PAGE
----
3. Conversational systems

At the moment we may only just be learning to trust Amazon’s Alexa or Google Now, but by 2018, Gartner expects there to be at least 25 or more conversational systems embedded into our homes and businesses, having an impact on how we make buying decisions from ordering a pizza to buying a house.  

“Think about the customer journey – how will a user interface be part of that process? If I can order a pizza from Amazon Echo, how does that change your relevance to the market if you’re the pizza provider that doesn’t do that? It’s significant. Many of these systems will get in between you and your customer.

“Part of this is about having a strategy. You may already need to think about how to partner with Amazon or Apple to be able to offer a skill or capability so that you can maintain that contact with your customers.”

4. Platforms and ecosystems

Where technology platforms sit between you and your customers is also seen as a key trend. Whether it be Google, Apple, Amazon or Facebook, these platforms are already driving a wedge between most companies and their customers. And by 2018, Gartner expects leading companies to have over 100 digital partners as a result.    

There will be over 200 trillion connections between people and business in 2020

“Platforms are about sharing capabilities and information in order to be able to improve business outcomes,” says Scheibenreif. “We believe that by 2020, almost 1 in 4 industries will have a new leader at the forefront of it. Disruption among companies like Airbnb and Uber proves that platforms are changing the nature and dynamics of an industry.

“Is your industry in danger of being disrupted by a new company that’s able to leverage the emerging platforms. How will your ecosystems change relationships with customers? If Apple, Amazon or Google gets in the middle of the conversation between you and your customer, what are you going to do to ensure you don’t become irrelevant as a result?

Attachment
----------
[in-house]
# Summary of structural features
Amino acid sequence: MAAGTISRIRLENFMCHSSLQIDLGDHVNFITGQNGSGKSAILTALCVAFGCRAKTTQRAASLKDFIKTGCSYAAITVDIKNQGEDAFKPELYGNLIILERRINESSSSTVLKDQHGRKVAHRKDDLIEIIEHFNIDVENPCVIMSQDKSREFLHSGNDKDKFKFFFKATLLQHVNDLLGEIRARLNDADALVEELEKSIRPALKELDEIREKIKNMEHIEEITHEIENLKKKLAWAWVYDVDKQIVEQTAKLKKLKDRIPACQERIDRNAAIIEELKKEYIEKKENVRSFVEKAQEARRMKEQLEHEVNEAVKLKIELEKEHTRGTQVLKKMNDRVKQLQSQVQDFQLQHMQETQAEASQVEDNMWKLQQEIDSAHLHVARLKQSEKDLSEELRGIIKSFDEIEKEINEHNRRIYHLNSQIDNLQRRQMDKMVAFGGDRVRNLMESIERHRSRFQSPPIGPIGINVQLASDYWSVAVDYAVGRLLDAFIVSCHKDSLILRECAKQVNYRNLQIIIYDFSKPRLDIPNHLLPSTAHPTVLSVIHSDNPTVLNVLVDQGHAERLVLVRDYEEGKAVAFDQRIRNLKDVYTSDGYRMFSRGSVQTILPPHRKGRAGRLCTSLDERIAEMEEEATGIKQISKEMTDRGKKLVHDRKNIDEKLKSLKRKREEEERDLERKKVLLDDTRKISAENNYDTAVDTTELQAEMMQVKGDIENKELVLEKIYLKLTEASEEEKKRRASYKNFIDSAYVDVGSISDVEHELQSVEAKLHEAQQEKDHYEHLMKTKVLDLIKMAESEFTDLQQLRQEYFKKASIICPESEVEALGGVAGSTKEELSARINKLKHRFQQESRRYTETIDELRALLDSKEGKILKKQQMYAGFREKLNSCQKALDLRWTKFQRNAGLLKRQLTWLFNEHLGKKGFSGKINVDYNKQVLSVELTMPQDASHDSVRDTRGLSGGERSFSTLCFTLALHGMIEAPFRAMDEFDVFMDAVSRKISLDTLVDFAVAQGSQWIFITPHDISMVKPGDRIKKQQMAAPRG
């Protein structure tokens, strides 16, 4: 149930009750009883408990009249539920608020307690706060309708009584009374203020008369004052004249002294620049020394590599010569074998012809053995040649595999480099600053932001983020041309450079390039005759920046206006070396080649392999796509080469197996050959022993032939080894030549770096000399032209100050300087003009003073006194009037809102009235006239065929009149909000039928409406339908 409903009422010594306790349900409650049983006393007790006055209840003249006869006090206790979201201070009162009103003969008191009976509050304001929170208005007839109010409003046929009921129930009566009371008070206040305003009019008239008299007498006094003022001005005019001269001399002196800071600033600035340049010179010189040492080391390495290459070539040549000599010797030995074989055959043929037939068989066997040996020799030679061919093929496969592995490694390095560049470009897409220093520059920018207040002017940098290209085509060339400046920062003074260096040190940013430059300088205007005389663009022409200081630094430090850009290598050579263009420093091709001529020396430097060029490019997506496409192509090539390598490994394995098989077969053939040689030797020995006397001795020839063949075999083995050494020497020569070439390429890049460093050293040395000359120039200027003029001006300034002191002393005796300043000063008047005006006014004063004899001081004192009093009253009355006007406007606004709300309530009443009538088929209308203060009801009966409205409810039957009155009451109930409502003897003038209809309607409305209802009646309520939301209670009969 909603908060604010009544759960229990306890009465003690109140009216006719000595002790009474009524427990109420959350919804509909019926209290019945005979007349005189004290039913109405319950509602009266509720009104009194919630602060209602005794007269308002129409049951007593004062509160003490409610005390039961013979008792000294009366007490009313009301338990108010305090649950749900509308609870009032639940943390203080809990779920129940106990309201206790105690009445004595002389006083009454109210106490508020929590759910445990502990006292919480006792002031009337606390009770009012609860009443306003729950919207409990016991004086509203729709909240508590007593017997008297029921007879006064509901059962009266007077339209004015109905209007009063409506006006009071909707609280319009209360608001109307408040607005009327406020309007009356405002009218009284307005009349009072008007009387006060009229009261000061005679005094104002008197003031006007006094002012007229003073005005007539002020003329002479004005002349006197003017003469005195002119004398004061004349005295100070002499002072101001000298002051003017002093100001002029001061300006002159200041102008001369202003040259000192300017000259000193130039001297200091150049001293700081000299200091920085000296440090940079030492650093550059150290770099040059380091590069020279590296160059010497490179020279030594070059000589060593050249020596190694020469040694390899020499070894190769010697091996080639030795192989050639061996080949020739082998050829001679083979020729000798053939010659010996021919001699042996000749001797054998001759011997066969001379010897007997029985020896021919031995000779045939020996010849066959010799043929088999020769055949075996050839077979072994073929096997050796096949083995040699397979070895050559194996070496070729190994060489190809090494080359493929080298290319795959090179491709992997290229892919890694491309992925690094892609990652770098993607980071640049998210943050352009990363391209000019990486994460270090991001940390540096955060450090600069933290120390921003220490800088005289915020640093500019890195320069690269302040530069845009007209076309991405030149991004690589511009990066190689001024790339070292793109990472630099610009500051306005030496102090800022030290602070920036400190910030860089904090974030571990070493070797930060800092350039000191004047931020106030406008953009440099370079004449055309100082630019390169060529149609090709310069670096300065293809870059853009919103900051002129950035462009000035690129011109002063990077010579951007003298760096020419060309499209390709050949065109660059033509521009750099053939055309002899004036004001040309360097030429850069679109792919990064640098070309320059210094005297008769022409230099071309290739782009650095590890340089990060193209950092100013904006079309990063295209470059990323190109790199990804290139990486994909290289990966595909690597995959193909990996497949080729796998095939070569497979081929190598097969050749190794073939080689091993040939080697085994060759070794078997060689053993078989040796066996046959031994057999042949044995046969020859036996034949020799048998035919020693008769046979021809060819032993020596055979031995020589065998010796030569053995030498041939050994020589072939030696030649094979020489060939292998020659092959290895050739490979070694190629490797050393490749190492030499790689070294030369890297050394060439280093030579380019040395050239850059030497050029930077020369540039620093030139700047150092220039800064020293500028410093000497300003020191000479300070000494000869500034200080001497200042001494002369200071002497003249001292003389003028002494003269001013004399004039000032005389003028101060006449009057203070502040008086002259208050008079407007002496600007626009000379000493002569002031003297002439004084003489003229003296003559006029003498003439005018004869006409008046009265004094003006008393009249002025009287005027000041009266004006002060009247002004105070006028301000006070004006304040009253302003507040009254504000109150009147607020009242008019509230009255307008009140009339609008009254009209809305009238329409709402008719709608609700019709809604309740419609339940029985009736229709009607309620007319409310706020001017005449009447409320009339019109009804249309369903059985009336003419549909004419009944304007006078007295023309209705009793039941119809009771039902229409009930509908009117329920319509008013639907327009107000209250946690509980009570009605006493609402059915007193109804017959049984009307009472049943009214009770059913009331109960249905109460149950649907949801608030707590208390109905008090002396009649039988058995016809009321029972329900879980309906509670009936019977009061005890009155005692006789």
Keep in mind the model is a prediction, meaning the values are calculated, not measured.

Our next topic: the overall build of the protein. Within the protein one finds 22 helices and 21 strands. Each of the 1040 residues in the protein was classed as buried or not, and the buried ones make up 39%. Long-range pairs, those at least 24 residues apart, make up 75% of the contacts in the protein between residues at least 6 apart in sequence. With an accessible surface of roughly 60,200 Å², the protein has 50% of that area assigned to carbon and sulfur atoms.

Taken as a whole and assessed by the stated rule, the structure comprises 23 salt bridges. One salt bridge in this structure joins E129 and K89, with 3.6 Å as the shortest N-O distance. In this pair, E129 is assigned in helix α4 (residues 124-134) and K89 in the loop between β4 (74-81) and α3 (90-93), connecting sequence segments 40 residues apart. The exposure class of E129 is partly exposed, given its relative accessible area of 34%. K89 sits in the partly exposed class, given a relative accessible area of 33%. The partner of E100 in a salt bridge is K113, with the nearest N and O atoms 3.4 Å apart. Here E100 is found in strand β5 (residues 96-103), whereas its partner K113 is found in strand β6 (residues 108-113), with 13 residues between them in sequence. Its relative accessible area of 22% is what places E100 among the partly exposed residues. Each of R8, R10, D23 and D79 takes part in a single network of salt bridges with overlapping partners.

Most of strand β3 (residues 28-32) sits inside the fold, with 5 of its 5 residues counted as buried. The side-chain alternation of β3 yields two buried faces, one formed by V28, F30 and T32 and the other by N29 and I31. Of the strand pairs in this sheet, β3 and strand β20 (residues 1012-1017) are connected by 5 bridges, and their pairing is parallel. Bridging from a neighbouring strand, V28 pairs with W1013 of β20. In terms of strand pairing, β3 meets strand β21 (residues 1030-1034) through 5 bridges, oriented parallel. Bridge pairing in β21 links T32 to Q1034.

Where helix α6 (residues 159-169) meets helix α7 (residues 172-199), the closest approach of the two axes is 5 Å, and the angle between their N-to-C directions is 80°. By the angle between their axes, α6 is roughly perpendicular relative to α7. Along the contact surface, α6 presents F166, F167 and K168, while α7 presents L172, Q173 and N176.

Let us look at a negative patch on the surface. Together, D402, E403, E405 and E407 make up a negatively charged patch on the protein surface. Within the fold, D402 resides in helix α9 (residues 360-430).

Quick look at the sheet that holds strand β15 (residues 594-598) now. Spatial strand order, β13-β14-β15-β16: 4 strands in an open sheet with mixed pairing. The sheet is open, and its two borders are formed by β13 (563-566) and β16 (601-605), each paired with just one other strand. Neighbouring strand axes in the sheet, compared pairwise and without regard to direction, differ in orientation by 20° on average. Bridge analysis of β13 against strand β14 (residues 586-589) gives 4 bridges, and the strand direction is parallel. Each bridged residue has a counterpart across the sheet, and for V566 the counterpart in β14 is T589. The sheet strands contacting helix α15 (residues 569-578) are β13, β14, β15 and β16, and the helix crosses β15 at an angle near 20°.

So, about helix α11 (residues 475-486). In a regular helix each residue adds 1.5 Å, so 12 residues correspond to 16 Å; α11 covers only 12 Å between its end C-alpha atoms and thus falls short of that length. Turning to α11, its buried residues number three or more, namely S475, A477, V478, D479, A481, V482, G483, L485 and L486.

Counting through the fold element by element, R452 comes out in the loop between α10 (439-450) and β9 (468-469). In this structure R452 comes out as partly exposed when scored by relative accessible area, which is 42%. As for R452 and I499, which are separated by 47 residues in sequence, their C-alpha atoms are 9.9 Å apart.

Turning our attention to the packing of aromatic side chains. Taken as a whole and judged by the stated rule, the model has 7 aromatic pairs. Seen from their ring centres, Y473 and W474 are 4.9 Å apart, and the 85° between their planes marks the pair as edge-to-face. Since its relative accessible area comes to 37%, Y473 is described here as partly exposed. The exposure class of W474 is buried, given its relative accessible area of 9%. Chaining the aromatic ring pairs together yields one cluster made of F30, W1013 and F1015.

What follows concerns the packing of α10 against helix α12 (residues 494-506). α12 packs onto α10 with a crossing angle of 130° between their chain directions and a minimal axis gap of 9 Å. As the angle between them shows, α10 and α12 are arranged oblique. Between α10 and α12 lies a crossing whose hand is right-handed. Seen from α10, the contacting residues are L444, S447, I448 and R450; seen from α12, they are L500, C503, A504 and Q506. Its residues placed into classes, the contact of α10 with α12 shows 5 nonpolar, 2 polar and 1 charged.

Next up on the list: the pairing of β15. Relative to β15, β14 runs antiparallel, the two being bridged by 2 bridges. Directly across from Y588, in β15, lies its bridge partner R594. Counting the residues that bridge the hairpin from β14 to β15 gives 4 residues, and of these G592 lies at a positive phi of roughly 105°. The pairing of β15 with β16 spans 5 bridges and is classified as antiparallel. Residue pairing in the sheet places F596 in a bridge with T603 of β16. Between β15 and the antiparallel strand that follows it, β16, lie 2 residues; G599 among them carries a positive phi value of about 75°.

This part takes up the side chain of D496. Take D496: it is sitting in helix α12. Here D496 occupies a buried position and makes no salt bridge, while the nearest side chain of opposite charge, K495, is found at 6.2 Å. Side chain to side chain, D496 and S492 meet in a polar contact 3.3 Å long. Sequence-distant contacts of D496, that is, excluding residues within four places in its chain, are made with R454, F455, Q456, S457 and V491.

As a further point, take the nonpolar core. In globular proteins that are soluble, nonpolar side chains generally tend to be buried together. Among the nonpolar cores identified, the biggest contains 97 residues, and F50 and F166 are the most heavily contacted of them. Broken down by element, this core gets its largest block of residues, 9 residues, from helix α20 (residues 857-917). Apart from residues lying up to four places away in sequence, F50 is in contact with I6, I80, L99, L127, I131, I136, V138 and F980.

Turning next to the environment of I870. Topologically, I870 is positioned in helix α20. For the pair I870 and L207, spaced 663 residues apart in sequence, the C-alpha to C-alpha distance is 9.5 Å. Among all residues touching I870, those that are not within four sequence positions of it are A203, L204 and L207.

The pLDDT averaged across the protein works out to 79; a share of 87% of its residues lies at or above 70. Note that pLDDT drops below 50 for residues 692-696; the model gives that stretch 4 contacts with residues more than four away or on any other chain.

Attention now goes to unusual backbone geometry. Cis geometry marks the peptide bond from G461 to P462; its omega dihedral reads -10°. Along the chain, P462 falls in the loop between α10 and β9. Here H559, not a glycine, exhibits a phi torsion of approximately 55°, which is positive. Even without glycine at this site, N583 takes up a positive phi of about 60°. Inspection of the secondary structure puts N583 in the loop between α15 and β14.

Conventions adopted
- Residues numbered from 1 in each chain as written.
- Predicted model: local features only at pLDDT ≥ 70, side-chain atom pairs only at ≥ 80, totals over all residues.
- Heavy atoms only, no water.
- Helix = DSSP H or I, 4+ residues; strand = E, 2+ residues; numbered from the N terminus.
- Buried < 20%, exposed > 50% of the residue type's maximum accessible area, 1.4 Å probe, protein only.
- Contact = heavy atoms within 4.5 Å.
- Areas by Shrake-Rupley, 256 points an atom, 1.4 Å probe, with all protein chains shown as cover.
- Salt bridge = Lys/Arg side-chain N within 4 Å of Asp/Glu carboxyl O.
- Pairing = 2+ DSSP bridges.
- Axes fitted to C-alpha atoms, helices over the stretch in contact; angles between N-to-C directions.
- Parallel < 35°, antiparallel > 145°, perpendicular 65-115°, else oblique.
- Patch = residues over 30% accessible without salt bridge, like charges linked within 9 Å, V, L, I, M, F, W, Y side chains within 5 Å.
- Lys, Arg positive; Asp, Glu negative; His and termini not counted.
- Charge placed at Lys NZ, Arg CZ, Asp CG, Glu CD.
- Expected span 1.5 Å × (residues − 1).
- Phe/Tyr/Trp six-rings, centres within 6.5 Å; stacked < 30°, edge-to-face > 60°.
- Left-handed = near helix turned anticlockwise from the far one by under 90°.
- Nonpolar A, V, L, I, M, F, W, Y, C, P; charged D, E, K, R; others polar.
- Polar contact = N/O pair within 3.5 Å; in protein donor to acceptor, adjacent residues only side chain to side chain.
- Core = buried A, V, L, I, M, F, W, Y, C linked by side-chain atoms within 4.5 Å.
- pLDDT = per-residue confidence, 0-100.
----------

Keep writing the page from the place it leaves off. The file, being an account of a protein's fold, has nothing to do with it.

“What that means is that ecosystems will need to connect more. In the future, ecosystems will collide and how they connect will be more critical.”

Amazon, DHL and Audi recently teamed up to trial package delivery directly to the boot of peoples’ cars. This type of partnership, says Scheibenreif, may seem like an unlikely coalescence now, but is likely to become more and more commonplace in the near future.

5. Smart cities

55% of the world’s population currently live in cities. There are more than 1 billion connected devices in cities, as a result.

The rise of the ‘smart city’ is one that is likely to drive up engagement between public and private sector bodies and their citizens-come-customers, leading to brands thinking outside of the box when it comes to their impact on the day-to-day lives of those living in cities.  

6. Demographics

There will be a 10% decline in the workforce in 40 different global areas including the UK, in the next three years, and not all of this can be attributed to automation. People aged 60 or older are the fastest growing demographic in the world, for instance, and how your brand engages with this cohort and which channels you choose to do so may be more important than you realise.